Unfortunately, in many cases, it is difficult if not impossible to locate comparable compensation information.

The written records of the committee should articulate the reason for the level of compensation adopted by the committee or the reason for the payment of additional compensation in the case of a bonus. At the minimum, the minutes should reflect the following:

a. The terms of the transaction that was approved and the date it was approved;

b. The members of the committee who were present during debate on the transaction or arrangement that was approved and those who voted on it (The actions taken with respect to consideration of the transaction by anyone who is otherwise a member of the governing body or committee but who had a conflict of interest with respect to the transaction or arrangement should be noted as well) ;

c. The comparability data obtained and relied upon by the committee and how the data was obtained; and

d. If the committee determines that reasonable compensation for a specific arrangement is higher or lower than the range of comparable data obtained, the committee must record the basis for its determination.

For a decision to be documented concurrently, records must be prepared by the next meeting of the committee occurring after the final action of the committee. Records must be reviewed and approved by the committee as reasonable, accurate and complete within a reasonable time after circulation.

Additionally, fringe benefits for key employees and board members should be reviewed to ensure that taxable benefits are properly reported. Incentive compensation and other revenue sharing arrangements should be reviewed in light of the regulations.

Penalty taxes can apply even if compensation is reasonable with respect to taxable benefits received by disqualified persons if those benefits are not reported as wages on Forms W-2, 1099 or 1040. The payment of personal expenses and benefits to a disqualified person will be treated as compensation for purposes of the penalty provisions only if it is clear that the organization intended the payment as compensation for services.[1]The intermediate sanctions place a high premium on identifying all benefits paid or provided to disqualified persons to assure that they are properly reported in a timely manner.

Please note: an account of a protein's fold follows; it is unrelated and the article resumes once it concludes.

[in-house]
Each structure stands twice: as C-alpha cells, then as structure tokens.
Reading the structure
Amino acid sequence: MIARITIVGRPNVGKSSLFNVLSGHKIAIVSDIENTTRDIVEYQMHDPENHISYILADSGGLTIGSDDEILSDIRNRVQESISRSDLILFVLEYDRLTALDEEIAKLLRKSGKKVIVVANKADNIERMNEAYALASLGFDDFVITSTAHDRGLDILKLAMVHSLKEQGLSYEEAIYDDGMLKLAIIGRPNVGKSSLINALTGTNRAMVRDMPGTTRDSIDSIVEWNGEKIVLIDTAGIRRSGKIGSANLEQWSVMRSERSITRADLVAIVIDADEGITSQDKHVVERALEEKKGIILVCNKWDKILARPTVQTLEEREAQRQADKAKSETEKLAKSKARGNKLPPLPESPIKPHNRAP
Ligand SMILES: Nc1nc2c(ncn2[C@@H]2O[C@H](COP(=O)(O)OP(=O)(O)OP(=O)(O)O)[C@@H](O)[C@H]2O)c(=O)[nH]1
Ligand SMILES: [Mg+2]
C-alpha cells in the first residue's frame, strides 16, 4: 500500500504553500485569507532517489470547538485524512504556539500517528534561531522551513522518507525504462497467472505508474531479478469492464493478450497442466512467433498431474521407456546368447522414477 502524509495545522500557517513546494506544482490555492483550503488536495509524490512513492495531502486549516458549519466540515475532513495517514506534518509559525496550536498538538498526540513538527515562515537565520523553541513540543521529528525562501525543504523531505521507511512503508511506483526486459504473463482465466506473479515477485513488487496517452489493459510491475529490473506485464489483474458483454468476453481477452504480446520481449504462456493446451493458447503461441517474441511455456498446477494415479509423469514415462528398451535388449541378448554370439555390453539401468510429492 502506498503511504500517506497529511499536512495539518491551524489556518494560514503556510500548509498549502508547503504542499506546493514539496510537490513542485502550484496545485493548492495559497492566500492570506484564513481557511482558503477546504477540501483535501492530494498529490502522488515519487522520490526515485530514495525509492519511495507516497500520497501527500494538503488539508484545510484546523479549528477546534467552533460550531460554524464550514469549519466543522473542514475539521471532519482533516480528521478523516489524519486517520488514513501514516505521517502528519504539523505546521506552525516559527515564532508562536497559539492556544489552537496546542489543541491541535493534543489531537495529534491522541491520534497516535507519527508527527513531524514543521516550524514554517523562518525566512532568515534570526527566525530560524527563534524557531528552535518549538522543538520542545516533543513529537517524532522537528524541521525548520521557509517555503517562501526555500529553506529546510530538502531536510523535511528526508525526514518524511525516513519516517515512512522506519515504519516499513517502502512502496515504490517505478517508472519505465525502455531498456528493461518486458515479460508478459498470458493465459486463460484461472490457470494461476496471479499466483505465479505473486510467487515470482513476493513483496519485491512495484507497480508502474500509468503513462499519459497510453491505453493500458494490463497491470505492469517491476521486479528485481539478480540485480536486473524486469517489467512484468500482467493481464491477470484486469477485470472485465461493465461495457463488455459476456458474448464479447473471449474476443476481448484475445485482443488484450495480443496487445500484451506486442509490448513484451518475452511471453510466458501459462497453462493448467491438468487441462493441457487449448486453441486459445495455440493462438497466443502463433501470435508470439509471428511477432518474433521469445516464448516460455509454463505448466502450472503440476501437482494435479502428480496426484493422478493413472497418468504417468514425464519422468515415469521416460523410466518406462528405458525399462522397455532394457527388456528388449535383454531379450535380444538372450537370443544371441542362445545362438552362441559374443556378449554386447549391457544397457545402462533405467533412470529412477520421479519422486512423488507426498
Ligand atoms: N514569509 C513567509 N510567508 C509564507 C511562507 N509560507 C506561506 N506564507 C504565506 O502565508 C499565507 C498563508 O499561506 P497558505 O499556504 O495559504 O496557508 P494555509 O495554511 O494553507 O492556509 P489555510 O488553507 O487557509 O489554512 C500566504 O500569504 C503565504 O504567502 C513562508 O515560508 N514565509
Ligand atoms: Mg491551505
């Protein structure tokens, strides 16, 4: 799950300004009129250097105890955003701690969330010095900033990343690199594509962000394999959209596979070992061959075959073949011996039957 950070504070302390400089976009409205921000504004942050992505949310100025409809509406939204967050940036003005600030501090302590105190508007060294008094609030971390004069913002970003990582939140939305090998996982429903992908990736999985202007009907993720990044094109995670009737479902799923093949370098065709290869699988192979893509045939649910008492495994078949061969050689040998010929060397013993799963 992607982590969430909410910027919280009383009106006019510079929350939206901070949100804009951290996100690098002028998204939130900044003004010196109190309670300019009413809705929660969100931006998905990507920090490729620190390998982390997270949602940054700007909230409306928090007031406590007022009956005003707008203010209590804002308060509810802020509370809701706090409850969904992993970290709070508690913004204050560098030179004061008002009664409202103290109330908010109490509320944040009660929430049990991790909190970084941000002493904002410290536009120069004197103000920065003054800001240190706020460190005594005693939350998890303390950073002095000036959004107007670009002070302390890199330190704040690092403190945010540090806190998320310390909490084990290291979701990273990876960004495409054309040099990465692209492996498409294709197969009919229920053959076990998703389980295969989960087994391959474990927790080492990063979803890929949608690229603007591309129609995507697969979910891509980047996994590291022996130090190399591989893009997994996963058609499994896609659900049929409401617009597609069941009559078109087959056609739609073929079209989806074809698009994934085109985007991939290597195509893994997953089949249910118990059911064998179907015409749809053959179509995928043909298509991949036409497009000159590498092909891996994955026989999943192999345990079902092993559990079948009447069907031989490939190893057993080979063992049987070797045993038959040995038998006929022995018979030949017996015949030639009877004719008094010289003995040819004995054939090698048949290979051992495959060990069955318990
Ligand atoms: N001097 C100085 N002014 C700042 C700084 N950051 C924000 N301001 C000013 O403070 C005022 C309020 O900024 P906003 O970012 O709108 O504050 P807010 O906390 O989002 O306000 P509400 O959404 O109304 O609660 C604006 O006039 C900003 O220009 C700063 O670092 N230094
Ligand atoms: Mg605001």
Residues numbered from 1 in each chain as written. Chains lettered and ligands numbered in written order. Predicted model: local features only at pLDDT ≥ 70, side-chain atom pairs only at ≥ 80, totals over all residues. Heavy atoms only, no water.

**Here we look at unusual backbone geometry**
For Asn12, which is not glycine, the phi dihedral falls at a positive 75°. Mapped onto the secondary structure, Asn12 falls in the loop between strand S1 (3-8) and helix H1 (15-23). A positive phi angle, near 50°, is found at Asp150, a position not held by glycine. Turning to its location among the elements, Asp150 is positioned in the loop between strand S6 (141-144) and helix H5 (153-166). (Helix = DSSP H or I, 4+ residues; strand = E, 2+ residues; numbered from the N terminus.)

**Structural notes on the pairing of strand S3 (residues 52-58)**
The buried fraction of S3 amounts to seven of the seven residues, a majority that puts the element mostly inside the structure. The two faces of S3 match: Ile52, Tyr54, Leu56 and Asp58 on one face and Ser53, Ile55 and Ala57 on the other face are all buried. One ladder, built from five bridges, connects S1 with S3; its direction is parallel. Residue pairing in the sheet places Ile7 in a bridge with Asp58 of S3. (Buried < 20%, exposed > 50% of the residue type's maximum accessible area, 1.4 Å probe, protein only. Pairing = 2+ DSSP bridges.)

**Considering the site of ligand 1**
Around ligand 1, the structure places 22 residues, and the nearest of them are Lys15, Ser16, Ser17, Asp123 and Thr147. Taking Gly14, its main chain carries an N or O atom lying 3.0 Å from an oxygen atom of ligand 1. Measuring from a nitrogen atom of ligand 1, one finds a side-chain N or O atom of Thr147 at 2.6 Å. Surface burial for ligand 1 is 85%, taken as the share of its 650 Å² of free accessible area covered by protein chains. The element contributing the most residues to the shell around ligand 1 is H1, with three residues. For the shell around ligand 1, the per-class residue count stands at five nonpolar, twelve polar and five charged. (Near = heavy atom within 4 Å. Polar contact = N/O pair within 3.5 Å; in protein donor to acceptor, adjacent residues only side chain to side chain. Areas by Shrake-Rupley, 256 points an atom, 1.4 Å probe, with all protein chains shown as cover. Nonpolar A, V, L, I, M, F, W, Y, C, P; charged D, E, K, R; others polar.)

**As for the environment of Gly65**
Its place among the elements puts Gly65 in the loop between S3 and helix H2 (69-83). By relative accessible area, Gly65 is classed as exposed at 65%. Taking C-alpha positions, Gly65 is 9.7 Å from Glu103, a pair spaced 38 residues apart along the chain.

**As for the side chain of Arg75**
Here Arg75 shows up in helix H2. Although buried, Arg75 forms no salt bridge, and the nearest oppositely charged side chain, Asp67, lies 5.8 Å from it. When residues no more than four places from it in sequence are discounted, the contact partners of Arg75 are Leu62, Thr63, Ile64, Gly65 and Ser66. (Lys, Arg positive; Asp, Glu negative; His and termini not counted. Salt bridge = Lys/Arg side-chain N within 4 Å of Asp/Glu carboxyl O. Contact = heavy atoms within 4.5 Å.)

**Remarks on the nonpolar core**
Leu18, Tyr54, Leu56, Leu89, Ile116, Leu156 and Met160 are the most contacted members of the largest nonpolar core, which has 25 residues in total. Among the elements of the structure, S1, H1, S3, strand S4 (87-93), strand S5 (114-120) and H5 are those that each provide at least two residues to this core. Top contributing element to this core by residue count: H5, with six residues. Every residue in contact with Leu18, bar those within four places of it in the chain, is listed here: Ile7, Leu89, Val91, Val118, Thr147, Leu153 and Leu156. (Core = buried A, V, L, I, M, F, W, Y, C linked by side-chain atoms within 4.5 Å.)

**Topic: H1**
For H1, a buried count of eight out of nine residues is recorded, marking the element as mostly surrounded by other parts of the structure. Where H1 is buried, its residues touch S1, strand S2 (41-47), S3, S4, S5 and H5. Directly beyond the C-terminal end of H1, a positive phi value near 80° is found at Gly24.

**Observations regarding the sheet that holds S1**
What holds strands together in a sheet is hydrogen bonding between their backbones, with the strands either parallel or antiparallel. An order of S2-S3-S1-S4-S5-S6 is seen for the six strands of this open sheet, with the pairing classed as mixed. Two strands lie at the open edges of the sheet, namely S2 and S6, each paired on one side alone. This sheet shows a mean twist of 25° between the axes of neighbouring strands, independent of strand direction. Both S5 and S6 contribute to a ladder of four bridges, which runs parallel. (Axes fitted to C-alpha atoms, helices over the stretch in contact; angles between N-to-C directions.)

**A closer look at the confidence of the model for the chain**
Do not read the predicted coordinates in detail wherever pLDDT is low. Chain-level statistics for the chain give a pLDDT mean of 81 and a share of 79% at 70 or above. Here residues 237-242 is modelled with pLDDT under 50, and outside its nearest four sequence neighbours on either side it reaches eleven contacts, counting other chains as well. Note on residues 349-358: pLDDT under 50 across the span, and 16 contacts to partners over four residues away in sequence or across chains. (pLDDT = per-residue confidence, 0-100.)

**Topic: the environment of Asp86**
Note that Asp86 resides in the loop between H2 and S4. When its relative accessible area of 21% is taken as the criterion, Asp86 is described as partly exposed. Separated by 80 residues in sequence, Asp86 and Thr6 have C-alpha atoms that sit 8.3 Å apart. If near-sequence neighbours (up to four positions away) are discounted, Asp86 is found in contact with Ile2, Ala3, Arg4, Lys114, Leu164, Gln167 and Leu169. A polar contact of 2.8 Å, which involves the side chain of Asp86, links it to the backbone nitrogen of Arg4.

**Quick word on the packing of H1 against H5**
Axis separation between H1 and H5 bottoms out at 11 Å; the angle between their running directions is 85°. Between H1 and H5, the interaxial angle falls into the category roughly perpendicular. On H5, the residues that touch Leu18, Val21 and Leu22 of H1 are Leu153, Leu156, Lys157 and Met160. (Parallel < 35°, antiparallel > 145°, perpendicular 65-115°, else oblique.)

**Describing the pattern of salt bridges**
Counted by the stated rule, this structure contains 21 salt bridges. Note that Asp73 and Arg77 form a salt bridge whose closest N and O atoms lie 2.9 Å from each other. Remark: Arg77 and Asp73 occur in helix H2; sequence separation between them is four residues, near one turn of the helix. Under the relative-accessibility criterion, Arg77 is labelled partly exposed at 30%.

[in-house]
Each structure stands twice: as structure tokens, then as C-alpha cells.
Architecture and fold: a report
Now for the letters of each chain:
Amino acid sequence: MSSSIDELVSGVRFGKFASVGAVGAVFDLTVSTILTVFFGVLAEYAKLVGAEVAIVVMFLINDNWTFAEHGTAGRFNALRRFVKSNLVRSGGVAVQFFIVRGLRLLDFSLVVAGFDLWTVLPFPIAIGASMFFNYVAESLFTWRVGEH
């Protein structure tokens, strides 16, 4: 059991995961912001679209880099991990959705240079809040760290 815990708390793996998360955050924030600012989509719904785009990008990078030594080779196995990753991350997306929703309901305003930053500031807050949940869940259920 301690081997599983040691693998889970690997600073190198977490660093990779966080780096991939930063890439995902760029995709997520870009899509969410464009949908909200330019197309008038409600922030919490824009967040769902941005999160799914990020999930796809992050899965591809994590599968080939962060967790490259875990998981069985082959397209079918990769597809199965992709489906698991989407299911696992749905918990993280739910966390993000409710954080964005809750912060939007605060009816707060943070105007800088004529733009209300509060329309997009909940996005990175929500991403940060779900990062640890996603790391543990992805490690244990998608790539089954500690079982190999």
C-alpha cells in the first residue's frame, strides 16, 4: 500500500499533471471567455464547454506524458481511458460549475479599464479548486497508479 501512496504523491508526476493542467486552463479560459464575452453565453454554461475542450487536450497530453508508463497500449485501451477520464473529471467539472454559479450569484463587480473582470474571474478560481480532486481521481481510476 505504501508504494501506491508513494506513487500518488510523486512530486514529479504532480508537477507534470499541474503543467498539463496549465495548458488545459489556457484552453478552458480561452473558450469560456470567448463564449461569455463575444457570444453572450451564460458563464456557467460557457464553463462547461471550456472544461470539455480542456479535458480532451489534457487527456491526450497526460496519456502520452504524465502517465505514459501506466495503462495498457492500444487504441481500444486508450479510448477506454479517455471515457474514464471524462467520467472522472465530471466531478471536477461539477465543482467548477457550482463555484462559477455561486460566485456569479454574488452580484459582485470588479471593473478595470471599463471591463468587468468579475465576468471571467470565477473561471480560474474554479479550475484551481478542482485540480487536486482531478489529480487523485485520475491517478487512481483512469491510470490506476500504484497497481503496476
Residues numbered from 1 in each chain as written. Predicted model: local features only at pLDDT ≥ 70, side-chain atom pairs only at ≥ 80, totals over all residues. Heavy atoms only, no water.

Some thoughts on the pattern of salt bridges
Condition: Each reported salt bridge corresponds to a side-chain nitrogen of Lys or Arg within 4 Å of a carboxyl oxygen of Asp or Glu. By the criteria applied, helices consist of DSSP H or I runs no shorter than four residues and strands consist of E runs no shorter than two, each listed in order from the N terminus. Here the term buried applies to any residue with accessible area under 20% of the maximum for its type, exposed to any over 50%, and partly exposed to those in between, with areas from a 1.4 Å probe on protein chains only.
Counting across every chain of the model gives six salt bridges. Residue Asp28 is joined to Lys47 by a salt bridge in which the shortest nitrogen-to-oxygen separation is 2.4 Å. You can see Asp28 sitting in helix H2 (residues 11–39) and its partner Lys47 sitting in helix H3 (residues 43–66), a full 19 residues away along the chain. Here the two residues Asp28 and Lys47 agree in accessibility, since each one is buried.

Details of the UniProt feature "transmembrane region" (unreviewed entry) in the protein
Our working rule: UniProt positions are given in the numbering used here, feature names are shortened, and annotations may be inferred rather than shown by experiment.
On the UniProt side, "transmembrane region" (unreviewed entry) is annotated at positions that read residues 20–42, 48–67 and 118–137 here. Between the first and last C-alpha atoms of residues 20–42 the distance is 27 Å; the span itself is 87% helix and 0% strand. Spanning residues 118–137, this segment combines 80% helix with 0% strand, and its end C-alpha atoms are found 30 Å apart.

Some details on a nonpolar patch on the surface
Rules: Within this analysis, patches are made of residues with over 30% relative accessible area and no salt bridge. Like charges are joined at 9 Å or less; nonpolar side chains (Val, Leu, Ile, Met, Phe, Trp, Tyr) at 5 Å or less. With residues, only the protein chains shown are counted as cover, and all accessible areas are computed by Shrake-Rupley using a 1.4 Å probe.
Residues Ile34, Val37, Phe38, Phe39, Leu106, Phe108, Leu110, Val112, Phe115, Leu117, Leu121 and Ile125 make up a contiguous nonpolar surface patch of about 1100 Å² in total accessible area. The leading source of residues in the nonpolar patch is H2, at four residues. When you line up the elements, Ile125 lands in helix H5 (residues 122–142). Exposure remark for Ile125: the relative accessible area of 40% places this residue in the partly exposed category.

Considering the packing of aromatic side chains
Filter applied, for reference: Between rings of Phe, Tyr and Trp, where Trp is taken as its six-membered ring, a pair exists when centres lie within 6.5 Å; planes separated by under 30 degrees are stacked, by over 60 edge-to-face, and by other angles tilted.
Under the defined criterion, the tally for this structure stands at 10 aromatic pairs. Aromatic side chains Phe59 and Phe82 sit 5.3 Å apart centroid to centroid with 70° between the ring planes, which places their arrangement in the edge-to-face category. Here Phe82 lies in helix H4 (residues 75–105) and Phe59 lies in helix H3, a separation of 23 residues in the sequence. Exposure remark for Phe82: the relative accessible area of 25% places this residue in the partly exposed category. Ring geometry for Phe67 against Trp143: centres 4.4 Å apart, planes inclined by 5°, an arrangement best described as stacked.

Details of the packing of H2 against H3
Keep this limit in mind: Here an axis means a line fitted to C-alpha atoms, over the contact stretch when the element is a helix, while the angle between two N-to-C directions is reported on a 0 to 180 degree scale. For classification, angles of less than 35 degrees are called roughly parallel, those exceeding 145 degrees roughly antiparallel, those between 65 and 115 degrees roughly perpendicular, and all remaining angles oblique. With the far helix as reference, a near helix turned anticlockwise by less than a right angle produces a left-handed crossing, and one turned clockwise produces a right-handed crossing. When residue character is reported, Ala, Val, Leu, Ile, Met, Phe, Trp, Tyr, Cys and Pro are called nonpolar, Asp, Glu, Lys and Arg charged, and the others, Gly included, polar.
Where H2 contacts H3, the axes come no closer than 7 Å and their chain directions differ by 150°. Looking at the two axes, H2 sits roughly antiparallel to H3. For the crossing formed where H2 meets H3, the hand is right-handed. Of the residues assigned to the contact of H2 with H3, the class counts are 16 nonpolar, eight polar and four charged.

Taxpayer Impact

Exempt Organizations should develop a compliance plan to minimize the exposure of the organization’s executives, board members and other insiders to excess benefit transactions. As a first step, each organization should identify all the persons who may be considered disqualified persons. The compliance plan should also include a procedure for approval of all business and compensation decisions with persons having substantial influence over the organization. The process should include the steps outlined above that raise the rebuttable presumption of the reasonableness as to the value of the compensation or transaction.

The compliance plan should be reviewed periodically as the law (case law, IRS interpretations etc.) concerning the intermediate sanctions evolves. A policy should also be developed with respect to the reimbursement of any intermediate sanctions penalties imposed on the organization’s officers and directors and the organization’s payment of insurance premiums on policies providing coverage on such penalties.

[1]Penalties for failure to report taxable benefits would still be applicable.